14. I think blending the area just inside upper corners is the most difficult task in arching making, if you tell a student to be careful not to dig too much he will leave too much wood and if you tell him not to leave too full he will dig too deep in this area However, I agree with Evan and I prefer to make this area more flexible due to the intrinsic stiffness of the arch just above the F holes and the proximity to the per se very stiff corner blocks area. I suspect that Del Gesù was not wrong at all and that he did it intentionally even if perhaps his proverbial little accuracy led him to exaggerate a bit every now and then. I also believe that this dispels the myth that he was inspired by the Brescians, who do exactly the opposite, but in this case I'm going a little too far beyond my knowledge of non-copyist maker, I could easily be contradicted. However, the arching posted by Michael Darnton is very beautiful, an excellent execution of that area
  15. Thanks Dwight - very interesting regarding Flesch and his story.
  16. depends on how thick your varnish is!
  17. If that is the case it sounds from what I've read that he only applies two coats of varnish which seems a little sparse to me.
  18. Hi Michael, at the moment there are no denials or confirmations for Mondomusica, I have doubts that it will be possible to make event like that, too many people around, but we will see.
  19. Re- read the bass article. There are different aspects to the antiquing process, craqueling, removing worn areas, distressing with scratches and chips, and filling the crackles, scratches and chips with patina, then removing, distressing patina-ing again until the antiquing looks right. From my reading, what Roger was "putting on" at different times was "patina," or false dirt, not the varnish itself. That went on at the beginning, but it got distressed fairly quickly before it dried too hard.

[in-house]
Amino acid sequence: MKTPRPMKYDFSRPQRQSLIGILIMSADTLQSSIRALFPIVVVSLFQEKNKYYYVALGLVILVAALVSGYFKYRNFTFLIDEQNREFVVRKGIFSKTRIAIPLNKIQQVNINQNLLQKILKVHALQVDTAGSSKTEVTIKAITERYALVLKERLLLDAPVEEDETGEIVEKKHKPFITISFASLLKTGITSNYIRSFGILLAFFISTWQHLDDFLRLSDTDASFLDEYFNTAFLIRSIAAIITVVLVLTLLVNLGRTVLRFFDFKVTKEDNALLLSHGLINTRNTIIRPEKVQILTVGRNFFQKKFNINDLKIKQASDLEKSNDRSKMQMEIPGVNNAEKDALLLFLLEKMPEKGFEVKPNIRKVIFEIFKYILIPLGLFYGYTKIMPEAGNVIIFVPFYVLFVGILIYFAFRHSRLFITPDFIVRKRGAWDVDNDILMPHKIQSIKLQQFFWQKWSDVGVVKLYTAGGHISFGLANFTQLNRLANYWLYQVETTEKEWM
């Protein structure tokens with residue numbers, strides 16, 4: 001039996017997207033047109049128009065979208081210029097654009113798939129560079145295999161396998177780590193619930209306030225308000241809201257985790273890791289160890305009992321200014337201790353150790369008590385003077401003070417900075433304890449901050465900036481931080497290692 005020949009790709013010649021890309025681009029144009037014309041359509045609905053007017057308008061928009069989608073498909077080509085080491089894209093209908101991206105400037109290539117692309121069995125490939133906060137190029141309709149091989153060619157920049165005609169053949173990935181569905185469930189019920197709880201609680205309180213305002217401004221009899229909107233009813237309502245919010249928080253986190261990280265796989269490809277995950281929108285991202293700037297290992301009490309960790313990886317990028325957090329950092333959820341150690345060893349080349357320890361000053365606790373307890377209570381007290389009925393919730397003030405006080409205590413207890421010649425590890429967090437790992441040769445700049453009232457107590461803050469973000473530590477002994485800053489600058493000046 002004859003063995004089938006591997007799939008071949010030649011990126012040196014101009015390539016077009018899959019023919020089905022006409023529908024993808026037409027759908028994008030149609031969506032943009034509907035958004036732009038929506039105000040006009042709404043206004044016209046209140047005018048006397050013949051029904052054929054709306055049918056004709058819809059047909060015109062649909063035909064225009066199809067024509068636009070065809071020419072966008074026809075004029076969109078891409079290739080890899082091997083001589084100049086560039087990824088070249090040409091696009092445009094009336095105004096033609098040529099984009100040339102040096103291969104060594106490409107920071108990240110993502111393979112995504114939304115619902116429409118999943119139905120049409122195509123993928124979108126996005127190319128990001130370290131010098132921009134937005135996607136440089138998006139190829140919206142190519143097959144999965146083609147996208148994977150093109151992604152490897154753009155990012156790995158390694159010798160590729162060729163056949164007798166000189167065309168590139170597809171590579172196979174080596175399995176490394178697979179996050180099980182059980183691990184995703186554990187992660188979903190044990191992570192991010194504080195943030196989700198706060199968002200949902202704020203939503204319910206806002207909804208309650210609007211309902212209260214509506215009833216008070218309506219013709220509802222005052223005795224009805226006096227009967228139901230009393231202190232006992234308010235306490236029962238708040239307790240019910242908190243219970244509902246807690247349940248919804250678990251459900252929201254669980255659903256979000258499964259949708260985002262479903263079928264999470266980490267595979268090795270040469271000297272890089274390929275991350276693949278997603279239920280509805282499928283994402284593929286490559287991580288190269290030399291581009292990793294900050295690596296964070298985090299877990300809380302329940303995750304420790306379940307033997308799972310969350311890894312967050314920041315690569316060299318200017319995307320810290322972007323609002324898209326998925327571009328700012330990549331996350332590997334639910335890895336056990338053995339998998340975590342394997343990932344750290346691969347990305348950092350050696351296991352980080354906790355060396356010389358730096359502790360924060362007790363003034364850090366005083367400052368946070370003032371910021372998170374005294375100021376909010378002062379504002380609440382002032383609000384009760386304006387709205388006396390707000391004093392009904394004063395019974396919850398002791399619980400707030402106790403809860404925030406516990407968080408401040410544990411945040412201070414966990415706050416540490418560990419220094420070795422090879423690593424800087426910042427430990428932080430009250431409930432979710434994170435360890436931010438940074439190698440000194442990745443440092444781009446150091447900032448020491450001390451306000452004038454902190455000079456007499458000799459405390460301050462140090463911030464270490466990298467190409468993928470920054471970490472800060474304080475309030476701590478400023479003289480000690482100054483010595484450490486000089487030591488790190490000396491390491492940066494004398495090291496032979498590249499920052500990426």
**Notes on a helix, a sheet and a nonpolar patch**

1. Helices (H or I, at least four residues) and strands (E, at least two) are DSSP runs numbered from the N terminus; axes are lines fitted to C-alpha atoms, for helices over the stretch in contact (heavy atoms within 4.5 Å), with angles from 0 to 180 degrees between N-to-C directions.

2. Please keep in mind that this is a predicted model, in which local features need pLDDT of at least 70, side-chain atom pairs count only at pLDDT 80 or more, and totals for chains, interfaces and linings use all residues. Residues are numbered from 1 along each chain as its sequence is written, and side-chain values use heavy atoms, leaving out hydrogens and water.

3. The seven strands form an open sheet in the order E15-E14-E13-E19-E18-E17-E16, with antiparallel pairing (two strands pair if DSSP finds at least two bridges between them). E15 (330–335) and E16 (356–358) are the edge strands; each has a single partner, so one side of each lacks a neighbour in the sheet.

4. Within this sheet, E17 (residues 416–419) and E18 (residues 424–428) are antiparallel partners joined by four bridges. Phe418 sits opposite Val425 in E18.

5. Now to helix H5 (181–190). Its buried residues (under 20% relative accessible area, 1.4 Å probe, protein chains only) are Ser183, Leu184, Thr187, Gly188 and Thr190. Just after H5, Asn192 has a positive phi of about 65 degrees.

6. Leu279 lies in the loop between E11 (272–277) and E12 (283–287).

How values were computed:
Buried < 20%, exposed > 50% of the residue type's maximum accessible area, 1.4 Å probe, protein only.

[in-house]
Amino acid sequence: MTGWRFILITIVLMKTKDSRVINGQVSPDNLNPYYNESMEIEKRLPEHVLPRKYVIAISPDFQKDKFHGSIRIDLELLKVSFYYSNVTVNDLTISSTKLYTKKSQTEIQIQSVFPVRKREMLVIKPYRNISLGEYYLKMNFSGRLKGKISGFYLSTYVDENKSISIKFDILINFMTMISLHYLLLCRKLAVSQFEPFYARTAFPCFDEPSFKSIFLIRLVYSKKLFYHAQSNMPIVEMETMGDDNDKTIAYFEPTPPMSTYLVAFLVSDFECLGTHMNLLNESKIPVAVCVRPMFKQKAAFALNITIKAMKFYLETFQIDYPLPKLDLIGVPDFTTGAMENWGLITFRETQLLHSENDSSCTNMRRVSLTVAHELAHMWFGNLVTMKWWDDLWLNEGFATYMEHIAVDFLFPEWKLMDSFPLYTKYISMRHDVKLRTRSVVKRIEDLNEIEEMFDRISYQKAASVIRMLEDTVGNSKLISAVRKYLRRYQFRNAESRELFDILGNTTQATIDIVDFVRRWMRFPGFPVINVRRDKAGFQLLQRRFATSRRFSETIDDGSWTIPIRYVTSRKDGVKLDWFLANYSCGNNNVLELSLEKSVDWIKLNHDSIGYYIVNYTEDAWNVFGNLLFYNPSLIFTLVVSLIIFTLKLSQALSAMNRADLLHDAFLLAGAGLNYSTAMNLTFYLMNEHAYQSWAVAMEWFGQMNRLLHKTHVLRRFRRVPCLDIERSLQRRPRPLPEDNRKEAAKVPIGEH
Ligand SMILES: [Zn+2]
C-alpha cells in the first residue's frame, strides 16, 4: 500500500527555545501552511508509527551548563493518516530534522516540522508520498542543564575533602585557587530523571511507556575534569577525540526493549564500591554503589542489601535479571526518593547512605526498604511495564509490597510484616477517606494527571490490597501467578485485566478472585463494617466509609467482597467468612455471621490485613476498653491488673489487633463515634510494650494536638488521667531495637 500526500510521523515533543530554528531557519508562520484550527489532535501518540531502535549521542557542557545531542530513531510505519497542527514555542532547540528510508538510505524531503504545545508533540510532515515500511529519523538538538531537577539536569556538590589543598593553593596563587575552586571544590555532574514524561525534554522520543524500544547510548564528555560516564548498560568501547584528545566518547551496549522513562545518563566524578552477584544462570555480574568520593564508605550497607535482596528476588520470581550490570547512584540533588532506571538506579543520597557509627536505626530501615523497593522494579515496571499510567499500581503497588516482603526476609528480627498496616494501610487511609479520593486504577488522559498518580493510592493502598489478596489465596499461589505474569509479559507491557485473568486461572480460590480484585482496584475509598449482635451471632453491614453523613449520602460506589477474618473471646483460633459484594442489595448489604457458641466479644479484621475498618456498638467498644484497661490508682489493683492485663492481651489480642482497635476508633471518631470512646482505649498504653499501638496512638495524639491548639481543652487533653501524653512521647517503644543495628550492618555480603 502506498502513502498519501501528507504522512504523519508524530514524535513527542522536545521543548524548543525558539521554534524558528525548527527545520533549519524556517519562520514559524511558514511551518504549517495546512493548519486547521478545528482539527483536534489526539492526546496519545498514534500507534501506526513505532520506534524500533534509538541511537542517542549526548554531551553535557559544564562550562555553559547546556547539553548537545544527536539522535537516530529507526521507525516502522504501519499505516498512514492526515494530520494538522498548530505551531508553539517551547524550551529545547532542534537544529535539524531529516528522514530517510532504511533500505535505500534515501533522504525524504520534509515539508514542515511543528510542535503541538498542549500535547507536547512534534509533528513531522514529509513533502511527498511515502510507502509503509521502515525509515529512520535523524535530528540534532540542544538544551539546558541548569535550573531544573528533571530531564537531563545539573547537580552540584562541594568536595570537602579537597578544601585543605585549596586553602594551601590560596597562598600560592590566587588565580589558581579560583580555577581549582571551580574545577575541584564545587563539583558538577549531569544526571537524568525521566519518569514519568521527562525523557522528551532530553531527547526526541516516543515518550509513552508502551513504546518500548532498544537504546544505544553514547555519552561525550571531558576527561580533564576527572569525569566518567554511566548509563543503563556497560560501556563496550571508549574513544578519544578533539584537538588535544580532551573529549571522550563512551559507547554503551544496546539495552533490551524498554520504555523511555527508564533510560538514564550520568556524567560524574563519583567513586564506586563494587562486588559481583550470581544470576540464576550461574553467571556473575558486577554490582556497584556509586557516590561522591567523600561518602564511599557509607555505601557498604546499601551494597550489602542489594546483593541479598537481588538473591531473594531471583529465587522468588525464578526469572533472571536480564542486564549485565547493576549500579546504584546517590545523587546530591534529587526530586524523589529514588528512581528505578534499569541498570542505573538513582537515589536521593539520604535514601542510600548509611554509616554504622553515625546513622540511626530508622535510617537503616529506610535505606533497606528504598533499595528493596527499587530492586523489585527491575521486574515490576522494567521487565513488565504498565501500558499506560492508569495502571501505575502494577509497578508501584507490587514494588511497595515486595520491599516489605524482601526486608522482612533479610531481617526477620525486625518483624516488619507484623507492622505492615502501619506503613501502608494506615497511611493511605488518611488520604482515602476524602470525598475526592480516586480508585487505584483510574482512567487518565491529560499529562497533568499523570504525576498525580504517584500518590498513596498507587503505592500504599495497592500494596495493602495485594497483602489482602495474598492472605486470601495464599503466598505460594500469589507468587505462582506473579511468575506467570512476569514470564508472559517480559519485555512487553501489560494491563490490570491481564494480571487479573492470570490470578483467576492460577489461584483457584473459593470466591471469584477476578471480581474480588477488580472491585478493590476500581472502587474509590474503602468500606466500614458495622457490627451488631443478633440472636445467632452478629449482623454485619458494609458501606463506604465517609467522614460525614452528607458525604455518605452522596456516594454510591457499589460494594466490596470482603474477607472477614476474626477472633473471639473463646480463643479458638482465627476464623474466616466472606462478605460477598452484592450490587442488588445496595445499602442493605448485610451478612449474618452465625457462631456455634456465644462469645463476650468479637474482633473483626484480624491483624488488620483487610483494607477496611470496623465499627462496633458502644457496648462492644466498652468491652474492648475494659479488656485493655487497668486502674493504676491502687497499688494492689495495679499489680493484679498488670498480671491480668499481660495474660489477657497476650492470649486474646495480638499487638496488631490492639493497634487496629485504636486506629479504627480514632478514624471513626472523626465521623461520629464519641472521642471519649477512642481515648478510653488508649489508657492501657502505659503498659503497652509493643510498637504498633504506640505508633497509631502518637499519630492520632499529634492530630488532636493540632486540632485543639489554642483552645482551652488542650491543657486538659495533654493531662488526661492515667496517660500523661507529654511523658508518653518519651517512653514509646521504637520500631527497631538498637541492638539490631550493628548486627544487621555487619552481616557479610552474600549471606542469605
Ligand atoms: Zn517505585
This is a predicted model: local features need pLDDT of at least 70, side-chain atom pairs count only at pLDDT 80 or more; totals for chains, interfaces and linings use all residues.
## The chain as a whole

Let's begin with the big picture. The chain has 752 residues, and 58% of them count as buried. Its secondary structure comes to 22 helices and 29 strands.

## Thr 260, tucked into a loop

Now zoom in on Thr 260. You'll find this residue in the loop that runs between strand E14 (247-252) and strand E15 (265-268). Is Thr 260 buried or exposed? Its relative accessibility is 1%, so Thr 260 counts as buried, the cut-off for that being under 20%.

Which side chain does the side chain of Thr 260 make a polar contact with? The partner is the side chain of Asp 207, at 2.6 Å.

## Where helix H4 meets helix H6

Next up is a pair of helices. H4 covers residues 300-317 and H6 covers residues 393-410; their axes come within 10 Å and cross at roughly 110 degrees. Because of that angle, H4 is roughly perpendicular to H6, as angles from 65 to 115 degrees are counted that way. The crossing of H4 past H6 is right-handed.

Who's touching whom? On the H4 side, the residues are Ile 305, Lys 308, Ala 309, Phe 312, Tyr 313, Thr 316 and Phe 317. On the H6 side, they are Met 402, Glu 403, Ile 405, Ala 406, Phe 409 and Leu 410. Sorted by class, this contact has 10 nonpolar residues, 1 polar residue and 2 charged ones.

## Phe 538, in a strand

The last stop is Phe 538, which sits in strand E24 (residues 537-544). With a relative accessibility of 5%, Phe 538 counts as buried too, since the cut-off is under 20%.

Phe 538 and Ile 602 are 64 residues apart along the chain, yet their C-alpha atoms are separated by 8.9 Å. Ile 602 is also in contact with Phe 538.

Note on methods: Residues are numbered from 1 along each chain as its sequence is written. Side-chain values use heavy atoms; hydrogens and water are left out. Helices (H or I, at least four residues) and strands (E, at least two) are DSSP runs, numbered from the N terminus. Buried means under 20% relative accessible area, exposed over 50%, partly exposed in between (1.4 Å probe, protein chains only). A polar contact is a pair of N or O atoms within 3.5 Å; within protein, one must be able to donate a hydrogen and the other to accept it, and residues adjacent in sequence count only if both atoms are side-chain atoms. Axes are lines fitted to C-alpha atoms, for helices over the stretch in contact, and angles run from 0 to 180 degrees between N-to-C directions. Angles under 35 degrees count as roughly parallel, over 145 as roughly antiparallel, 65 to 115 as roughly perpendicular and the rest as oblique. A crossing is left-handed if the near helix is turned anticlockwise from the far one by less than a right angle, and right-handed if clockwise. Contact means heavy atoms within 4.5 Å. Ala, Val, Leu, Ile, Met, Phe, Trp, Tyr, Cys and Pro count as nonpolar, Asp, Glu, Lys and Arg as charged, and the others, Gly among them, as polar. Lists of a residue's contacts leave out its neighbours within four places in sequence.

20. i have not read Roger's method, but can say that there's a danger in doing all the antiquing at the end that it will look like it happened all at once. In reality, some scratches and types of wear get polished out through time, some don't, the various colors of dirt are different, etc., so if you are doing it all at once, you have to consider that. It sounds like his method will give a more natural result, as if it happened gradually.
  21. What a moving video, thank you for sharing Davide. I can’t dare to think that maybe there won’t be mondomusica this year. All the best wishes to the Cremonese people and this beautiful town.
  22. So, I am getting ready to start varnish my instrument that I want to antique. I've read some references that say to antique the instrument after all the varnish layers are finished. However, I am planning on following Roger Hargrave's instructions on antiquing as they are the most detailed. But there is one thing I am confused about. I know he antiques the instrument during the varnish process but from what I read it sounds like he applies a lawyer or two of varnish, does some antiquing, applies a fresh layer of varnish and then repeatedly antiques and applies a new layer of varnish until he is satisfied. Is this correct or am I reading it wrong?
  23. You know that's what I always thought,, but,,, there is some rather interesting research out there on the thymus gland you might want to take a peek at. Knowledge is ever increasing faster than it is possible to keep up, kind of like a truck going down the highway with stuff falling out continuously, I can't grab it all, but I'll check out some for sure. At this point I have to depend on providence to show me what I'm supposed to get. Evan the scavenger
  24. Well described, Evan. That's very much like what I've observed and what I try to do.